You see all the little points sticking up. And it's not just the points there at top but there's other points, we just can't see it in this view. And in addition to the sectional connection of the points, the software then creates a longitudinal connection between all of the points that have the same code. So now we're seeing the code coming into play. And so the idea, the concept's quite simple, just connect the dots. But the end result and the information that we can use from the corridor model is very powerful.
The key, is of course, taking advantage of those codes, getting the sub-assemblies placed correctly, so they all connect in a clean way along the linear path or longitude lane and not just in the sectional. And also, finding a good balance with the amount or frequency that we apply our assemblies to our linear path. The more frequent, the more accurate and the bigger the file. So we got to find a good balance there as well.
But that's all a corridor is, is just taking all the information and creating a 3D model. Now let's see what other controls though that we have with the corridor in our next exercise.
This course gets you up and running with AutoCAD Civil 3D. First, instructor Josh Modglin shows how to model a surface, lay out parcels, and design geometry, including the making of horizontal alignments and vertical profiles. Next, Josh demonstrates how to create corridors, cross sections, pipe networks, and pressure networks. Then, he covers working with feature lines and grading objects, and how to share your data. He wraps up by providing an overview of plan production tools.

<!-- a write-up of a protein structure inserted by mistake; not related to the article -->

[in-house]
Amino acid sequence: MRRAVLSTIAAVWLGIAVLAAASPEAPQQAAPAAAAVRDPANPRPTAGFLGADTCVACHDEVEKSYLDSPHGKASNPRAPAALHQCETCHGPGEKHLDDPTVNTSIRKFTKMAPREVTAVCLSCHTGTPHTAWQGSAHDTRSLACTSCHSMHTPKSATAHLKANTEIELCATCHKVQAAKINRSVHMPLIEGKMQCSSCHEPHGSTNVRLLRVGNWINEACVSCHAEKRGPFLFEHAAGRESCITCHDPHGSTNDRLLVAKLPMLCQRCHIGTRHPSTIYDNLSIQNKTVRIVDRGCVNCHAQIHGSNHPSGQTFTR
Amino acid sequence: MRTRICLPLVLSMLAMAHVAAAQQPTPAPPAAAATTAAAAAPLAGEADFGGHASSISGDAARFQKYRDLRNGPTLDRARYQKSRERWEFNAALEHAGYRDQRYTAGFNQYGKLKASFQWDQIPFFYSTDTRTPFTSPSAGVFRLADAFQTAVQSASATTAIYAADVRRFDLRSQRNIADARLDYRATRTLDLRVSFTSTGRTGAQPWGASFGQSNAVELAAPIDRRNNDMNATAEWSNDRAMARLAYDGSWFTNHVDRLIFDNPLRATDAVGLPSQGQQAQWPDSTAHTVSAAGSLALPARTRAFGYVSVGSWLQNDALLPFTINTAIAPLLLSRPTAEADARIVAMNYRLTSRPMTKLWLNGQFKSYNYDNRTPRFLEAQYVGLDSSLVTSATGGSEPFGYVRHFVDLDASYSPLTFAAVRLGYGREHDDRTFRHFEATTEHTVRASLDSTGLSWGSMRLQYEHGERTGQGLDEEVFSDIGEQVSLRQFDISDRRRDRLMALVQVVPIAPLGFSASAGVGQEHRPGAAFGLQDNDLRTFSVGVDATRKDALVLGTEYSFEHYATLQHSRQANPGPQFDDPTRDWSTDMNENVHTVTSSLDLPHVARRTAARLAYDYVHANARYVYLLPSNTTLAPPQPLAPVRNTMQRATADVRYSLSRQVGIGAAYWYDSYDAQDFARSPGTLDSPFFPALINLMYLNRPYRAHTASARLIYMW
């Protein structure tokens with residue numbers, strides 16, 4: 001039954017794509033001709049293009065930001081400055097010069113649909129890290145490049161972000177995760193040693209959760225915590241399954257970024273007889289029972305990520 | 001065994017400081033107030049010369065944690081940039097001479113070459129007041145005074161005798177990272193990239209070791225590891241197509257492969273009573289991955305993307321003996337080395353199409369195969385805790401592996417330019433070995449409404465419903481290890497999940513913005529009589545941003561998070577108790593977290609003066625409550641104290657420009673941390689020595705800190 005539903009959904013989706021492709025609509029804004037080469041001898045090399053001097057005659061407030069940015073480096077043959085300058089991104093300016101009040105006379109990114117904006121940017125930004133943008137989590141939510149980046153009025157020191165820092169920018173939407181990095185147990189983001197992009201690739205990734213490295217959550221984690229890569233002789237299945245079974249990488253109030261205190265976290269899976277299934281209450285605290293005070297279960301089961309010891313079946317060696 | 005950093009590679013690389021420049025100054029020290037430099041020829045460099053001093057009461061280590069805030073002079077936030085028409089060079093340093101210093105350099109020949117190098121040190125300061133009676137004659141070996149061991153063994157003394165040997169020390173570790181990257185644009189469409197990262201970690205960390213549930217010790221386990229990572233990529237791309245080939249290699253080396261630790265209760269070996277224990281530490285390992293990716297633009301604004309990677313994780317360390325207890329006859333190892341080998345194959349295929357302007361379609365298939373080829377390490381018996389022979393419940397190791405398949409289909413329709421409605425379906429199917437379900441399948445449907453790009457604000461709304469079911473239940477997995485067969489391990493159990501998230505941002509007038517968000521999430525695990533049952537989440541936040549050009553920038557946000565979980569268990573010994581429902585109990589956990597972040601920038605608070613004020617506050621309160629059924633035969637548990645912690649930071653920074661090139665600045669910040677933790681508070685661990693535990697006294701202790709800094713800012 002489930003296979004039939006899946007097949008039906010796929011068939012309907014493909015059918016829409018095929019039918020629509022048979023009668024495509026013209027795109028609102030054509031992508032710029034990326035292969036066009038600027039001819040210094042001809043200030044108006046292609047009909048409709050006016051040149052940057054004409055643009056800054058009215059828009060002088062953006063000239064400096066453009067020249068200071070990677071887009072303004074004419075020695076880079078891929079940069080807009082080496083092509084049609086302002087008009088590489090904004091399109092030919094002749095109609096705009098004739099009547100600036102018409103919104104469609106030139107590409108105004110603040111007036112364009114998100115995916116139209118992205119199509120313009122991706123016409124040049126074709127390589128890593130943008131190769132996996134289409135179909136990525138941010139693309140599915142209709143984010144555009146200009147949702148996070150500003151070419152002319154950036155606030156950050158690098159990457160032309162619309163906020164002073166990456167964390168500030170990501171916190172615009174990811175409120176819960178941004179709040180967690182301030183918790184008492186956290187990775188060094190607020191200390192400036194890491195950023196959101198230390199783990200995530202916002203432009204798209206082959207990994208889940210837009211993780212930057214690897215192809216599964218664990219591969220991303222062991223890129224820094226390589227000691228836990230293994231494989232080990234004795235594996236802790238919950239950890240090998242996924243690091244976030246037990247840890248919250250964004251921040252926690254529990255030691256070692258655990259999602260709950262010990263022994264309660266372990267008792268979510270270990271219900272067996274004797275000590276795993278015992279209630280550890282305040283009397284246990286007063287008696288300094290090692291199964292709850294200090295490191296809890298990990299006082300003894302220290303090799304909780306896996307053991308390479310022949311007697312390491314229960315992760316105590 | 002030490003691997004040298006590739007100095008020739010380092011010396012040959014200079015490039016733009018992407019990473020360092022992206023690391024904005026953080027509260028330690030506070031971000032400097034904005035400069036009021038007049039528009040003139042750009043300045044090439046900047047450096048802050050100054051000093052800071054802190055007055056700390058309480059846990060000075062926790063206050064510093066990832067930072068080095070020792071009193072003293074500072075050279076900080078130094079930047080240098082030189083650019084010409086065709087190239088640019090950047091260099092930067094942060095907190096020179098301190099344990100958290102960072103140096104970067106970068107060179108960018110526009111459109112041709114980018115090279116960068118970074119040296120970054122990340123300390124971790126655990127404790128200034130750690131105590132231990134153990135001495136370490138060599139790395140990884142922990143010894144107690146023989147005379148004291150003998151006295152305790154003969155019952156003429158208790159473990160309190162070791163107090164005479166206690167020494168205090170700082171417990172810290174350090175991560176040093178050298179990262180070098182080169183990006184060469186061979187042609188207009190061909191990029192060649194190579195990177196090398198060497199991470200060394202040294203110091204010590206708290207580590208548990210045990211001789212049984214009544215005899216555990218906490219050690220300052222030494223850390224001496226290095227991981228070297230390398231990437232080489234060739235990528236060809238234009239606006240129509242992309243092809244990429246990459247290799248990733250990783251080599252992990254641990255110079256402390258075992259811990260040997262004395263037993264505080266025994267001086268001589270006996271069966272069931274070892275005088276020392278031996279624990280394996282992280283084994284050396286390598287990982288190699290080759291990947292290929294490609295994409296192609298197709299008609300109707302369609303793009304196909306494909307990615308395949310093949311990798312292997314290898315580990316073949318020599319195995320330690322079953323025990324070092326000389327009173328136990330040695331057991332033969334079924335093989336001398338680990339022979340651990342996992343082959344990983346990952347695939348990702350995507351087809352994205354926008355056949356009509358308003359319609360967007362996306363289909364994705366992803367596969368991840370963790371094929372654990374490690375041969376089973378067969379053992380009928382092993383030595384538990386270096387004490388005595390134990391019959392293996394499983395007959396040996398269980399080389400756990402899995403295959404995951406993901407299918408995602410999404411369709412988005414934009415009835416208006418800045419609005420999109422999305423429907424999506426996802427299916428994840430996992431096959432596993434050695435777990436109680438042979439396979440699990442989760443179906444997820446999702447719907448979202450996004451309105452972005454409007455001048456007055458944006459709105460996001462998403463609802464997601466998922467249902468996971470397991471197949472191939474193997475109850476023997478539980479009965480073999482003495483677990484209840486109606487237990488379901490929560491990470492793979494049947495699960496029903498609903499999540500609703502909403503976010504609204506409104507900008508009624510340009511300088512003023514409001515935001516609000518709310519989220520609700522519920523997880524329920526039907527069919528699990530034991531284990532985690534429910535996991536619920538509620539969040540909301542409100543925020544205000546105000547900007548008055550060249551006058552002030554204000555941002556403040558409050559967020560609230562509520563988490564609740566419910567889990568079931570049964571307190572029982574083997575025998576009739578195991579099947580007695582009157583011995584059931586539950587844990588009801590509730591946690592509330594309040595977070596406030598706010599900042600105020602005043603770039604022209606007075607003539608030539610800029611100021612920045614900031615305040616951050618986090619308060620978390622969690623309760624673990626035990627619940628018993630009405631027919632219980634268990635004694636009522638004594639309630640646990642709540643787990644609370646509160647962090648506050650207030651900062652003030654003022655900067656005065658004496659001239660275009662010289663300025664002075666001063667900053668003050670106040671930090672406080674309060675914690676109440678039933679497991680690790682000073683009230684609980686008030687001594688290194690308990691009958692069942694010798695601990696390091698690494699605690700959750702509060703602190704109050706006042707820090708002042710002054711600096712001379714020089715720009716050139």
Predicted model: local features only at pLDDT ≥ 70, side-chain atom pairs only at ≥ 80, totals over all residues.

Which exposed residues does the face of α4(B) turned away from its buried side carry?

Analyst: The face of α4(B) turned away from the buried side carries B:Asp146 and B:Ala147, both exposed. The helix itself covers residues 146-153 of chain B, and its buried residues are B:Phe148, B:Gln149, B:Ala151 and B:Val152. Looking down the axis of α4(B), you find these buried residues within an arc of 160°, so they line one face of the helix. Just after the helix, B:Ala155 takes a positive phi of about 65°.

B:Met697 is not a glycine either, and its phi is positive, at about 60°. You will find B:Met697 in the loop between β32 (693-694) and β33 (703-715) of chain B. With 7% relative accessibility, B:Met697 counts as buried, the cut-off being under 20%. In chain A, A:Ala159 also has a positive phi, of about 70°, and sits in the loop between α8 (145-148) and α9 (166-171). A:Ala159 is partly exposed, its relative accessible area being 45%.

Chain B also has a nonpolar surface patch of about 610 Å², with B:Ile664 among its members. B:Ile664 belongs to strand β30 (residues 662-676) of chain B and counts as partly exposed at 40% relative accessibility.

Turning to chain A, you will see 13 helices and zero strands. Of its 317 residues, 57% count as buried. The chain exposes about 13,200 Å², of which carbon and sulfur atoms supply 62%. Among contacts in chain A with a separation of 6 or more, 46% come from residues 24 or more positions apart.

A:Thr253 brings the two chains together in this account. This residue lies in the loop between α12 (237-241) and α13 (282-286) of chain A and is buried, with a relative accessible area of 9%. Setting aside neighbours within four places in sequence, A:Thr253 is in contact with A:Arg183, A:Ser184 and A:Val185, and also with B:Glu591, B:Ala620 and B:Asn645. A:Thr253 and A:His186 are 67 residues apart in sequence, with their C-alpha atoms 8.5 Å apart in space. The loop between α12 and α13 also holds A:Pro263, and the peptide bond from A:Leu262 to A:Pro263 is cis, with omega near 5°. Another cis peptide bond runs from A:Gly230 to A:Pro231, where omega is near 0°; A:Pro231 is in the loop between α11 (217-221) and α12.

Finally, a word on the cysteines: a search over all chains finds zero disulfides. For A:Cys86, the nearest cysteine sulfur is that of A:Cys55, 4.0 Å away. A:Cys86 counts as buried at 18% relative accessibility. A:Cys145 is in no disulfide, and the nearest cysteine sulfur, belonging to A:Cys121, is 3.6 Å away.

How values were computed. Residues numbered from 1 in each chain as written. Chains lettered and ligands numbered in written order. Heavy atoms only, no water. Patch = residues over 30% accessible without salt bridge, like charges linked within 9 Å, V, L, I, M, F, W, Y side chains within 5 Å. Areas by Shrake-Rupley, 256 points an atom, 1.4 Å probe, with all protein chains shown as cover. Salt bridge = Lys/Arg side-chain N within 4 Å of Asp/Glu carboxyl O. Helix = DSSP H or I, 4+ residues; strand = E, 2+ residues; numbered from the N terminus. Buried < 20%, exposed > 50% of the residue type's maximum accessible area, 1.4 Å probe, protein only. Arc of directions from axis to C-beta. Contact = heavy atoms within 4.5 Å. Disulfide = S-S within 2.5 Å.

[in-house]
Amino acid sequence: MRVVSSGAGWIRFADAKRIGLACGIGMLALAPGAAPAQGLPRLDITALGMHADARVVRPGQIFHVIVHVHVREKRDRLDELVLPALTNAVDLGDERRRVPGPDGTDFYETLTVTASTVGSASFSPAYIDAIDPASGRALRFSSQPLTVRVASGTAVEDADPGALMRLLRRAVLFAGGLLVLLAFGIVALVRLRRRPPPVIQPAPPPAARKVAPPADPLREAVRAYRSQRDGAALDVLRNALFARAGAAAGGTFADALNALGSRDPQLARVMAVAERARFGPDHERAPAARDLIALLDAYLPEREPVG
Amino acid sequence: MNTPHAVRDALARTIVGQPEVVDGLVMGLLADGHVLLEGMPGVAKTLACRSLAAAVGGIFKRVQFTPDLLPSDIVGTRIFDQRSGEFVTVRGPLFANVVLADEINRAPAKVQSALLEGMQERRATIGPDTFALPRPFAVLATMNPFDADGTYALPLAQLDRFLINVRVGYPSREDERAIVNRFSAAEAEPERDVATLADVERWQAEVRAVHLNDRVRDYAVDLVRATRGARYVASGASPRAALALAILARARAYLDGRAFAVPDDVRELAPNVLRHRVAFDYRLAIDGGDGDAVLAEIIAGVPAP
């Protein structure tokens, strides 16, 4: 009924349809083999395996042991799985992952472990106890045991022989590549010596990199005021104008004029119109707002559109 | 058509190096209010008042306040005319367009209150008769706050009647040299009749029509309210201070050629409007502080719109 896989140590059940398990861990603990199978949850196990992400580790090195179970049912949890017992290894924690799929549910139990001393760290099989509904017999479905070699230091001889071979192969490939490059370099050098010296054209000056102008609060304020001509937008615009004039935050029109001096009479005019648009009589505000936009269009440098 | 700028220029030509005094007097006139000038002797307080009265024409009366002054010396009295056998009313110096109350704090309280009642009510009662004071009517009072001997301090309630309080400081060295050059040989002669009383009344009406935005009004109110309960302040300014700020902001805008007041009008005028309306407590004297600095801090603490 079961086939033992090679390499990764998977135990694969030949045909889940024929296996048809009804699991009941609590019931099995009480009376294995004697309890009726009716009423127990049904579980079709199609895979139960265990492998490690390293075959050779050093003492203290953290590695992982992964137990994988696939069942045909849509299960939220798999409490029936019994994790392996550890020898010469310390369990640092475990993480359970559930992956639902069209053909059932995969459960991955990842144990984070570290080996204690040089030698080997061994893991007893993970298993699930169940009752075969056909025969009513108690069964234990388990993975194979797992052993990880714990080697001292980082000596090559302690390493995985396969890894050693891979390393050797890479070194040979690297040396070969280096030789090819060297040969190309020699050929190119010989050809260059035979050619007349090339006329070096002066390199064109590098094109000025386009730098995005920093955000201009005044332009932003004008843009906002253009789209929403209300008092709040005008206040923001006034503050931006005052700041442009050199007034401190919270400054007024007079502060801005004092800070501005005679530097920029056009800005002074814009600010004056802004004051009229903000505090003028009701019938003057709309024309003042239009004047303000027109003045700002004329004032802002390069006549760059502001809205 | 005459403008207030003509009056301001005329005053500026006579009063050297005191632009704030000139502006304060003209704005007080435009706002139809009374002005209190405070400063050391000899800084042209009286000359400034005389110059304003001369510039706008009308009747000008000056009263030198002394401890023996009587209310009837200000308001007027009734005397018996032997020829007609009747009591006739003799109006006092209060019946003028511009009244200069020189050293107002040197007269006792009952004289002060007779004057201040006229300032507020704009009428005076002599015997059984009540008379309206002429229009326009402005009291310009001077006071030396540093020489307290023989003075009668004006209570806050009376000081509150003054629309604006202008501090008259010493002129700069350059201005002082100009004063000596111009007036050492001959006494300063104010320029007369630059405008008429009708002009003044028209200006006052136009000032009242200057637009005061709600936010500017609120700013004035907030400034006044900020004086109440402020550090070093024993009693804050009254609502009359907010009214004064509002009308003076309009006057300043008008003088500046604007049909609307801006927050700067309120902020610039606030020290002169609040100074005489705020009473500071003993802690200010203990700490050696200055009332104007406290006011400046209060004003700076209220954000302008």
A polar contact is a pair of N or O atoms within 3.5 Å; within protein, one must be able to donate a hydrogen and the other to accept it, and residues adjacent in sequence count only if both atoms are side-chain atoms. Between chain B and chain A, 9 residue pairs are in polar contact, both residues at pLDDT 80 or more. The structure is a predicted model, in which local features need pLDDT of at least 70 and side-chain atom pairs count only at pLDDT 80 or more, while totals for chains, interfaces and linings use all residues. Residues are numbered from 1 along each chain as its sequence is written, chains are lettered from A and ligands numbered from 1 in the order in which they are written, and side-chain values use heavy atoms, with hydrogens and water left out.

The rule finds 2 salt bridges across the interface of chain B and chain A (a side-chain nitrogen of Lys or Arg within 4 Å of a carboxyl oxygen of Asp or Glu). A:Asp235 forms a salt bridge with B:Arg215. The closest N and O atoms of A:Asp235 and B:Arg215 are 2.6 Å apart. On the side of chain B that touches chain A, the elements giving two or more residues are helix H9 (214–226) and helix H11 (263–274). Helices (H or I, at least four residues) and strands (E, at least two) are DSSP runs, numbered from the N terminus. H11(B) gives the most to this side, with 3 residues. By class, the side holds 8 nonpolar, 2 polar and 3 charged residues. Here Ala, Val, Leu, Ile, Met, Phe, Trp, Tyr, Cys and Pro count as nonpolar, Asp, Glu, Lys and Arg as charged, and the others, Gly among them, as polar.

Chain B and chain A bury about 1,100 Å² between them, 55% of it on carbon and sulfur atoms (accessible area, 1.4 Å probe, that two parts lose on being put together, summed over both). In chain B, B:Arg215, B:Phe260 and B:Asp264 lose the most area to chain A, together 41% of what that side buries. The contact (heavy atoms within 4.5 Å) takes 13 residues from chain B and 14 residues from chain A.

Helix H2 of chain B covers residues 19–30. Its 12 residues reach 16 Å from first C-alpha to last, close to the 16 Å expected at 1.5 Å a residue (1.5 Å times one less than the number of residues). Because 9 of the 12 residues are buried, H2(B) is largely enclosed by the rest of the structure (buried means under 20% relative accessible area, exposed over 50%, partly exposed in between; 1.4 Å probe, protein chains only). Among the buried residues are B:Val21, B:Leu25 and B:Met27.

- Navigating the Civil 3D interface
- Using point groups and description keys
- Importing survey data
- Managing figures
- Creating and analyzing surfaces
- Creating parcels
- Working with alignments
- Working with profiles and profile views
- Working with assemblies and subassemblies
- Creating Basic and Advanced Corridors
- Using an Intersection Object
- Making sample lines, cross sections, and section views
- Creating a pipe network
- Understanding pressure parts
- Creating and editing feature lines
- Creating and editing grading objects
- Sharing and referencing data
Skill Level Beginner
Some of the exercise files do not properly function.
This course was built to work with the latest release of AutoCAD Civil 3D. If you are not running AutoCAD Civil 3D 2018 there are some exercise files that will not work for you.
AutoCAD Civil 3D: Designing Residential Projectswith Eric Chappell3h 11m Intermediate
AutoCAD Civil 3D: Designing Gravity Pipe Systemswith Eric Chappell3h 33m Intermediate
1. What Is Civil 3D?
What is Civil 3D?4m 43s
2. Civil 3D Interface
3. Establishing Existing Conditions
4. Modeling a Surface
5. Layout of Parcels
6. Design Horizontal Geometry: Alignments
7. Designing Vertical Geometry: Profiles
8. Civil 3D Corridors
10. Gravity Pipe Networks
11. Pressure Part Networks
12. Feature Lines
13. Grading Objects
14. Share Your Data
15. Plan Production Tools